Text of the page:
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Allograft rejection in sensitized recipients remains the major problem in clinical organ transplantation. We have developed a donor-type skin-sensitized mouse cardiac allograft model (BALB/c→C57BL/6) in which both rejection (<5 days) and alloreactive CD8 activation are resistant to CD154 blockade. First, we attempted to elucidate why CD154 blockade fails to protect cardiac grafts in sensitized recipients. The gene array analysis has revealed that treatment with anti-CD154 mAb (MR1) had distinctive impact on host immunity in naive vs sensitized animals. Unlike in naive counterparts, host sensitization mitigated the impact of CD154 blockade on critical immune signaling pathways. Indeed, we identified 3234 genes in cardiac grafts that were down-regulated by MR1 in naive (at least 5-fold), but remained unaffected in sensitized hosts. Moreover, MR1 treatment failed to prevent accumulation of CD4 T cells in cardiac allografts of sensitized recipients. Then, to determine the role of CD4 help in CD154 blockade-resistant immune response, we used CD4-depleting and CD4-blocking Ab, in conjunction with MR1 treatment. Our data revealed that CD154 blockade-resistant CD8 activation in sensitized mice was dependent on CD4 T cells. In the absence of CD4 help, CD154 blockade prevented differentiation of alloreactive CD8 T cells into CTL effector/memory cells and abrogated acute rejection (cardiac graft survival for >30 days), paralleled by selective target gene depression at the graft site. These results provide the rationale to probe potential synergy of adjunctive therapy targeting CD4 and CD154 to overcome graft rejection in sensitized recipients.
Transplant patients become sensitized to a broad range of donor Ags through multiple blood transfusions, previous failed transplants, or pregnancies. These sensitized patients experience an increased rate of early rejection episodes, which are difficult to control with current immunosuppressive agents (1–3). The historical concept that rejection in sensitized individuals is driven primarily by the humoral component of host immunity led to cellular responses receiving relatively little attention. However, current concepts emphasize the interdependence of the two pathways and recognize the key role for T cells in controlling the process. It is now well recognized that alloreactive memory T cells generated from previous exposure to alloantigens or from heterologous immunity of the cross-reactive antimicrobial T cells represent the major barrier in transplant tolerance induction (4–6). Importantly, memory T cells are resistant to the majority of newly developed immune modulatory therapies (7, 8).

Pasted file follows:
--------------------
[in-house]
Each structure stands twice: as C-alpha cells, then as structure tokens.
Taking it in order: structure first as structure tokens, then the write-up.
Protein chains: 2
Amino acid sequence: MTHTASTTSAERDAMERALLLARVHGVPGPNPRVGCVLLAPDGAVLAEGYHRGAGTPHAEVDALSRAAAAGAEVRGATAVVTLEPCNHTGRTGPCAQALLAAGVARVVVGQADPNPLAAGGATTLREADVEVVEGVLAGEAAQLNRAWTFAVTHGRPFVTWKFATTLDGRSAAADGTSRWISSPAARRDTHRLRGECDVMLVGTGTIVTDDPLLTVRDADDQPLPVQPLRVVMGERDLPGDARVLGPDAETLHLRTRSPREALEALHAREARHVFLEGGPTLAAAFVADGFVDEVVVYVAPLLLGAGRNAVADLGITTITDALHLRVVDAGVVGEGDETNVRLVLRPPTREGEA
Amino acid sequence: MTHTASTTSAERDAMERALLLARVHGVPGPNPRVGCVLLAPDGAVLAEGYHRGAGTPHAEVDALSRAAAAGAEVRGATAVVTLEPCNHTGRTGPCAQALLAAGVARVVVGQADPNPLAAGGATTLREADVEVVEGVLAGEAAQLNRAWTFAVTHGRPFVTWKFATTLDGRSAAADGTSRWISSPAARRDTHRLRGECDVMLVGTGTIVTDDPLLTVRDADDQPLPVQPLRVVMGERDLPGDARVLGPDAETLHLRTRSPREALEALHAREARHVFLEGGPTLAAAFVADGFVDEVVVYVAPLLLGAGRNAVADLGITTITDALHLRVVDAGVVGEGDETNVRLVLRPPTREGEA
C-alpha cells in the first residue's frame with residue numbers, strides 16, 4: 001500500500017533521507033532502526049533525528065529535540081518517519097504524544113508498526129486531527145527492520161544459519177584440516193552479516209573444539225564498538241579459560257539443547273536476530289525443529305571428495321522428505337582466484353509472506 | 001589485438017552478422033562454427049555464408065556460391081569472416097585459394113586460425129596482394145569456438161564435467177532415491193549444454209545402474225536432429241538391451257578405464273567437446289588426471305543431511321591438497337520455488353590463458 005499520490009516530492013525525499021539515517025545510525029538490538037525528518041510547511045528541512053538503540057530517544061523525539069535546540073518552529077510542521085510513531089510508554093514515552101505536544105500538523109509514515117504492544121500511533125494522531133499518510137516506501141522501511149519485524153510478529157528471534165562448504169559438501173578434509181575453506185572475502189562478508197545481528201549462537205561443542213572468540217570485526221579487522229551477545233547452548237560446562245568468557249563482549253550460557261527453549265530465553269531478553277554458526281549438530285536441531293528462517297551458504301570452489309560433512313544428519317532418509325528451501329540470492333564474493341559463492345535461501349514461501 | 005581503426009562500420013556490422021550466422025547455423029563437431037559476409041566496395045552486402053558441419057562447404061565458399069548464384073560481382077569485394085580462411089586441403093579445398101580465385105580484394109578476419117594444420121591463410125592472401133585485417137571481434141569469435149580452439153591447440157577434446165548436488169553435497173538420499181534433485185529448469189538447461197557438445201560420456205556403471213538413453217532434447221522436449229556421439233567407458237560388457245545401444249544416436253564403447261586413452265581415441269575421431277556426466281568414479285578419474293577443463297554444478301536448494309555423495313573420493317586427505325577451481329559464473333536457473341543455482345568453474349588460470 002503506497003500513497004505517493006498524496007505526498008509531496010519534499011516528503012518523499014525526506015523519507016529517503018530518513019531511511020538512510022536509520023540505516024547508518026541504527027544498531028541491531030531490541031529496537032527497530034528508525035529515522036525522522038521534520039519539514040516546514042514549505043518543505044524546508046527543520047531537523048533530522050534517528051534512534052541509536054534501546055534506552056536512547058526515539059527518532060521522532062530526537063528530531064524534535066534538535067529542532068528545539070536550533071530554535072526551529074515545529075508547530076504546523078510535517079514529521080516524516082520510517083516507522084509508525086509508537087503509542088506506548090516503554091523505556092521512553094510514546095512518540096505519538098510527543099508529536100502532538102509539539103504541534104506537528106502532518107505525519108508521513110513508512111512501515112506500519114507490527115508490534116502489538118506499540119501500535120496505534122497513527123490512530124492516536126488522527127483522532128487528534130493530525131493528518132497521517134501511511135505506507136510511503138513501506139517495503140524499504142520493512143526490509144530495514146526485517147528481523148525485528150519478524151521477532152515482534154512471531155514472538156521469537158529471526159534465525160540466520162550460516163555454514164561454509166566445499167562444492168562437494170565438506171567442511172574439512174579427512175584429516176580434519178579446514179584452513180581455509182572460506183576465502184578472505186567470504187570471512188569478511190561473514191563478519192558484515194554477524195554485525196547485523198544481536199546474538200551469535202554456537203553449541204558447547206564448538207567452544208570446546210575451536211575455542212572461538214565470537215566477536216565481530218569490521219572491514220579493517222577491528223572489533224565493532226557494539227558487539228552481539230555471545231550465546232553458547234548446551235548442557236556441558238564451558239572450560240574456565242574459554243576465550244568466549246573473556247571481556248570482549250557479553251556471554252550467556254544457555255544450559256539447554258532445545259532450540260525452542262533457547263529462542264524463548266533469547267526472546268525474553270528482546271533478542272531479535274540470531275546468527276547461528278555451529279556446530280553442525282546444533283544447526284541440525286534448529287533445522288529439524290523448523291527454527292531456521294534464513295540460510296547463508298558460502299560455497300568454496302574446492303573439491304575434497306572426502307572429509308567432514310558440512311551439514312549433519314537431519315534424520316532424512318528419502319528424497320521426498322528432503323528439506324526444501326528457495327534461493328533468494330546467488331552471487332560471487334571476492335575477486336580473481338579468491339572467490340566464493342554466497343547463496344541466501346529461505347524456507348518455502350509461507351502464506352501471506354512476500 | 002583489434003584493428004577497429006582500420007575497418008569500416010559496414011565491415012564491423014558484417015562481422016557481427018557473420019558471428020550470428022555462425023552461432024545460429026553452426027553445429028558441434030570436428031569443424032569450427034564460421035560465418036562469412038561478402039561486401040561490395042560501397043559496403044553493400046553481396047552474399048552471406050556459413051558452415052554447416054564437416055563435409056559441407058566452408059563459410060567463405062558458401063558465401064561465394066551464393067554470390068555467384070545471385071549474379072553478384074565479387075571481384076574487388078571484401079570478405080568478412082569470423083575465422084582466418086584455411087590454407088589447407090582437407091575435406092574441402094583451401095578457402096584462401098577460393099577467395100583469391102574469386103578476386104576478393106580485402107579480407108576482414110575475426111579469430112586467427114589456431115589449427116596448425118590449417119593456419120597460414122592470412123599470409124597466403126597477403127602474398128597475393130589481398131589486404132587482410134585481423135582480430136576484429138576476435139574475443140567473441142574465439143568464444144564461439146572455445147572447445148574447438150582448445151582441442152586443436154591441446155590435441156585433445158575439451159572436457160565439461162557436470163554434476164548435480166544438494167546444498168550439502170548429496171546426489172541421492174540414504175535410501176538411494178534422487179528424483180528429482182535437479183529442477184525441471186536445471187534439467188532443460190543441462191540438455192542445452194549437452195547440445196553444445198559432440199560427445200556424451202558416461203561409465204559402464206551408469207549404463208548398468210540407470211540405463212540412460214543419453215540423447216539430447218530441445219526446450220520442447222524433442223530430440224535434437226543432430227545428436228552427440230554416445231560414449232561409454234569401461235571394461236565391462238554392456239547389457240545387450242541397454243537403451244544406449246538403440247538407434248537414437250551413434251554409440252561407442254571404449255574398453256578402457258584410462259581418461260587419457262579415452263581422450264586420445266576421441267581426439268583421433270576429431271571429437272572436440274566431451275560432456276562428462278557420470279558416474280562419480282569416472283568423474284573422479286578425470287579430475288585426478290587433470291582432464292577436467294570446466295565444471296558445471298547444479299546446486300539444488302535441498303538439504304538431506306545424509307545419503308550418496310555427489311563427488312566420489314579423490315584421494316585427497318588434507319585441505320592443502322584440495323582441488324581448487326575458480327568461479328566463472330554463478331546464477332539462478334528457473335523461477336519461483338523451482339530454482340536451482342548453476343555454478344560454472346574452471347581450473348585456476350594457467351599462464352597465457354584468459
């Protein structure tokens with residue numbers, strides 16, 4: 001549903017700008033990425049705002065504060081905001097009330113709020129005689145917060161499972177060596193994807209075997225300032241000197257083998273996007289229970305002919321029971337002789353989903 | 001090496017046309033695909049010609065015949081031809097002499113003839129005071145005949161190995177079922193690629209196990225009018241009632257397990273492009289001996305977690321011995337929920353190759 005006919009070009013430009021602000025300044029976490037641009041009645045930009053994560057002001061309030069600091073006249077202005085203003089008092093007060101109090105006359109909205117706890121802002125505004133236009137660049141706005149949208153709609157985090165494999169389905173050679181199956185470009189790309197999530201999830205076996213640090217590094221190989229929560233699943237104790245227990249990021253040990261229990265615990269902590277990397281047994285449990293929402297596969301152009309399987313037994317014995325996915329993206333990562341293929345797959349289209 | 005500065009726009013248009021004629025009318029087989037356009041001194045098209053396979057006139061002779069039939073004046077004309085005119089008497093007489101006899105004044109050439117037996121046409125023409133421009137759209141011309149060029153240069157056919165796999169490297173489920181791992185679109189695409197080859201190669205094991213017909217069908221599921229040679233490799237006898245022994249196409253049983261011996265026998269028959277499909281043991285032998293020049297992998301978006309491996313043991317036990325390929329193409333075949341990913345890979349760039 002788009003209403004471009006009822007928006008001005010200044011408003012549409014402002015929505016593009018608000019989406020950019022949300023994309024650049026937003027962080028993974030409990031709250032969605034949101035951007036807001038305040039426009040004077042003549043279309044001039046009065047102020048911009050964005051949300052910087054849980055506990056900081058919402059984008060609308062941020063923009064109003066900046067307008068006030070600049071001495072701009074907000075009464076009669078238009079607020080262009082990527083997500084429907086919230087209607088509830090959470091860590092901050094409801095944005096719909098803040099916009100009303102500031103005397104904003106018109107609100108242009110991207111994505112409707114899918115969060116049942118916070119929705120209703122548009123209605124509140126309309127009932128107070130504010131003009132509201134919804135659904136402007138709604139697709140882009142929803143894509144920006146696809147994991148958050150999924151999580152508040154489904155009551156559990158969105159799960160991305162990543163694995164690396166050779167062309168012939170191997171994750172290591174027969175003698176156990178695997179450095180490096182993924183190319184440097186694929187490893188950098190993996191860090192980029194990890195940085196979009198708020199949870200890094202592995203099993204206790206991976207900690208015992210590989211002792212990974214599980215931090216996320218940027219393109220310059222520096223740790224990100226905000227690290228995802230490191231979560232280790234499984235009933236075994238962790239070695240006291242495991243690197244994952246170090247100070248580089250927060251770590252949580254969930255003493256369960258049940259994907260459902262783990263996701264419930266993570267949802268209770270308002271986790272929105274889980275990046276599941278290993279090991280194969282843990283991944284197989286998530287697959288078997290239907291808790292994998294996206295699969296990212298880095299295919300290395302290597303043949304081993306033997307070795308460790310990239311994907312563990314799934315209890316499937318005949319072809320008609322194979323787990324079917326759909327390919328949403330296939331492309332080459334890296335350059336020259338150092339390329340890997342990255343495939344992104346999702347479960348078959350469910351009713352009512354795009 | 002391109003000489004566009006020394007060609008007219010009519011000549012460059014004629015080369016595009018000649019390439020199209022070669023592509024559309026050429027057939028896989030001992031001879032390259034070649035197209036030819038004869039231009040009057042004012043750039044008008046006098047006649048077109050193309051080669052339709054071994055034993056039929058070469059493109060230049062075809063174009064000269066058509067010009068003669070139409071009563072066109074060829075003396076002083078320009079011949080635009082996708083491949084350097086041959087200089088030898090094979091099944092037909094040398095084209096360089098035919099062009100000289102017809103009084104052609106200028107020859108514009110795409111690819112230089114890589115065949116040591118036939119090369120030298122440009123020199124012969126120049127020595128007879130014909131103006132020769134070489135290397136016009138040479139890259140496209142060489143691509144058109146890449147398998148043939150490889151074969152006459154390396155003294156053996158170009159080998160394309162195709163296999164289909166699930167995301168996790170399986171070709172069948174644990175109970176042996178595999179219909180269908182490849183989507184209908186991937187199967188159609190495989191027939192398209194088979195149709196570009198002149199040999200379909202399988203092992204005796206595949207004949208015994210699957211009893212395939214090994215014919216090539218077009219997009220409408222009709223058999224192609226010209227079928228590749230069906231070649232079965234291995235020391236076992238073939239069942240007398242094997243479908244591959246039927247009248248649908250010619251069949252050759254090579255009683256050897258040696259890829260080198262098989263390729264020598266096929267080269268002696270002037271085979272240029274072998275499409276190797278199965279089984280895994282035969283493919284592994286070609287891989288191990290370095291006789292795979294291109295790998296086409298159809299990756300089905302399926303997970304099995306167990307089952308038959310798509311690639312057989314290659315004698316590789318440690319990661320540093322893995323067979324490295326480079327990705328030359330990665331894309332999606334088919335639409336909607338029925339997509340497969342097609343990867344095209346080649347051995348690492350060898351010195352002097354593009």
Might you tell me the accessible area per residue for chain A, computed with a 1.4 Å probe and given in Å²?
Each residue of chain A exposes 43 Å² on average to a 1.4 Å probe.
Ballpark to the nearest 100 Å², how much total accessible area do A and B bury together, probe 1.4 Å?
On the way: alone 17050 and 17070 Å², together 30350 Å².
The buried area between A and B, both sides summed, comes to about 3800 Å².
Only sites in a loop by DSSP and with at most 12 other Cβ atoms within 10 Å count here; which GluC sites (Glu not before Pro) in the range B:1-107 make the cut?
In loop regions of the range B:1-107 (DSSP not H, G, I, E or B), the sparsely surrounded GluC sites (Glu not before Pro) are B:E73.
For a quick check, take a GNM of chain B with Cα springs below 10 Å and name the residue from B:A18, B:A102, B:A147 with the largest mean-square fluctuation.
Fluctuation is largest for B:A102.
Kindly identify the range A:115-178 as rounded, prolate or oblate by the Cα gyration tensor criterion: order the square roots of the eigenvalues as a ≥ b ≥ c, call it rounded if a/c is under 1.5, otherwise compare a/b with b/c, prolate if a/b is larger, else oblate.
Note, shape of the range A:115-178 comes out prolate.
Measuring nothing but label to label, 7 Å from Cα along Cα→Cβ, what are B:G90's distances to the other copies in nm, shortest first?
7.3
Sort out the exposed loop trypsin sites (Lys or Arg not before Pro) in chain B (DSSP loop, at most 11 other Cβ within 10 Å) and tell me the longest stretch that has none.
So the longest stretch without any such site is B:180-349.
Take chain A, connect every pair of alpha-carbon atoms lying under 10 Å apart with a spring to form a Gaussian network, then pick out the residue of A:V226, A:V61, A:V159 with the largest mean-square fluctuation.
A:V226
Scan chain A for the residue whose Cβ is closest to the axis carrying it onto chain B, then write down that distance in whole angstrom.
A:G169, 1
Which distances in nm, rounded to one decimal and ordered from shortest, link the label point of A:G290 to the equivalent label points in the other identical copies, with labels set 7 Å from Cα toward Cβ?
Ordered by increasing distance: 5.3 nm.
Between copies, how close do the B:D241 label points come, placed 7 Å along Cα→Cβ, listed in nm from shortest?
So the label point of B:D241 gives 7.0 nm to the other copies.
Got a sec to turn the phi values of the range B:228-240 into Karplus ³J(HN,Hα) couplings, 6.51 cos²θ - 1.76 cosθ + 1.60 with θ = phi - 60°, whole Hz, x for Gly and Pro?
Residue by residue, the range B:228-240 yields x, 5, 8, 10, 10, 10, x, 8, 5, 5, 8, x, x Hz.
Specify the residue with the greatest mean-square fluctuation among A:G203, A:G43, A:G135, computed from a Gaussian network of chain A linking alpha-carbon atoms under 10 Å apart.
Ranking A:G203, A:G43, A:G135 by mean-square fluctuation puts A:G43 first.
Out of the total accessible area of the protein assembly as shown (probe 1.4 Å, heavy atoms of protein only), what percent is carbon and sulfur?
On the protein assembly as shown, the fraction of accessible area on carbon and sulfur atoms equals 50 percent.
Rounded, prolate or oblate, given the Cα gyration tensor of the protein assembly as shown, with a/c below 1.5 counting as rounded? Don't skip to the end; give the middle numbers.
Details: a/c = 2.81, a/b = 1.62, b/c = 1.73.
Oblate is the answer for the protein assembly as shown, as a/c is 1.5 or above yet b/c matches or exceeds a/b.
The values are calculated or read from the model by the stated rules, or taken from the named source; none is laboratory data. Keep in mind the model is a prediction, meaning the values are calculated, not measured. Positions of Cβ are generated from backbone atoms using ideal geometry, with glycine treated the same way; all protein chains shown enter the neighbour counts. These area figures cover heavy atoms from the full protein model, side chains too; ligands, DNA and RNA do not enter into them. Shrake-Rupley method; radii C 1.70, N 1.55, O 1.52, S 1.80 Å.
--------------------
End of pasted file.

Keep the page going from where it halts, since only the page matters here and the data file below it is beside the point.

We have long been interested in elucidating the mechanisms of and developing novel approaches to manage sensitized transplant recipients (1, 2). More recently, we focused on the immunological mechanisms of CD154-CD40 T cell costimulation blockade in a model of cardiac allograft rejection in skin-sensitized mice (BALB/c to C57BL/6). We have shown that CD8 T cells represent the key mediator of cardiac allograft rejection in this sensitized model (9, 10). Moreover, CD154 blockade was ineffective and failed to suppress alloreactive CD8 T cell activation or to prolong cardiac allograft survival in sensitized recipients (11). This conclusion derived from effector vs memory cell-mediated rejection models in which the first allogeneic donor-type skin graft was used to activate recipient immune system at either 10 or >40 days before cardiac graft challenge. Furthermore, CD8 T cells were responsible for costimulation-resistant rejection, as their depletion was required to facilitate graft survival after CD154 blockade. Interestingly, CD4-deficient mice fail to develop memory-type rejection response, because CD8 T cell activation and cardiac graft rejection in CD4 knockout-sensitized recipients remain CD154 blockade sensitive (12). We have also documented that alloreactive CD8 T cells become activated via CD4-dependent and -independent pathways and that both pathways in naive mice remain CD154 blockade sensitive (13). Thus, the question arises as to whether alloreactive memory CD8 activation in sensitized recipient proceed via CD4-dependent and/or -independent pathways and whether these pathways are CD154 costimulation independent.
In this study, we first analyzed why CD154 blockade fails to protect cardiac allografts in sensitized recipients. We used the gene array approach and focused on the immune pathways differentially affected by the treatment in naive vs sensitized recipients. Then, we determined whether simultaneous targeting of CD4 and CD154 might synergize to promote long-term graft survival in sensitized recipients. We analyzed the role of CD4 T cells in CD154 blockade-resistant alloreactive CD8 T cell activation and intragraft immune activation.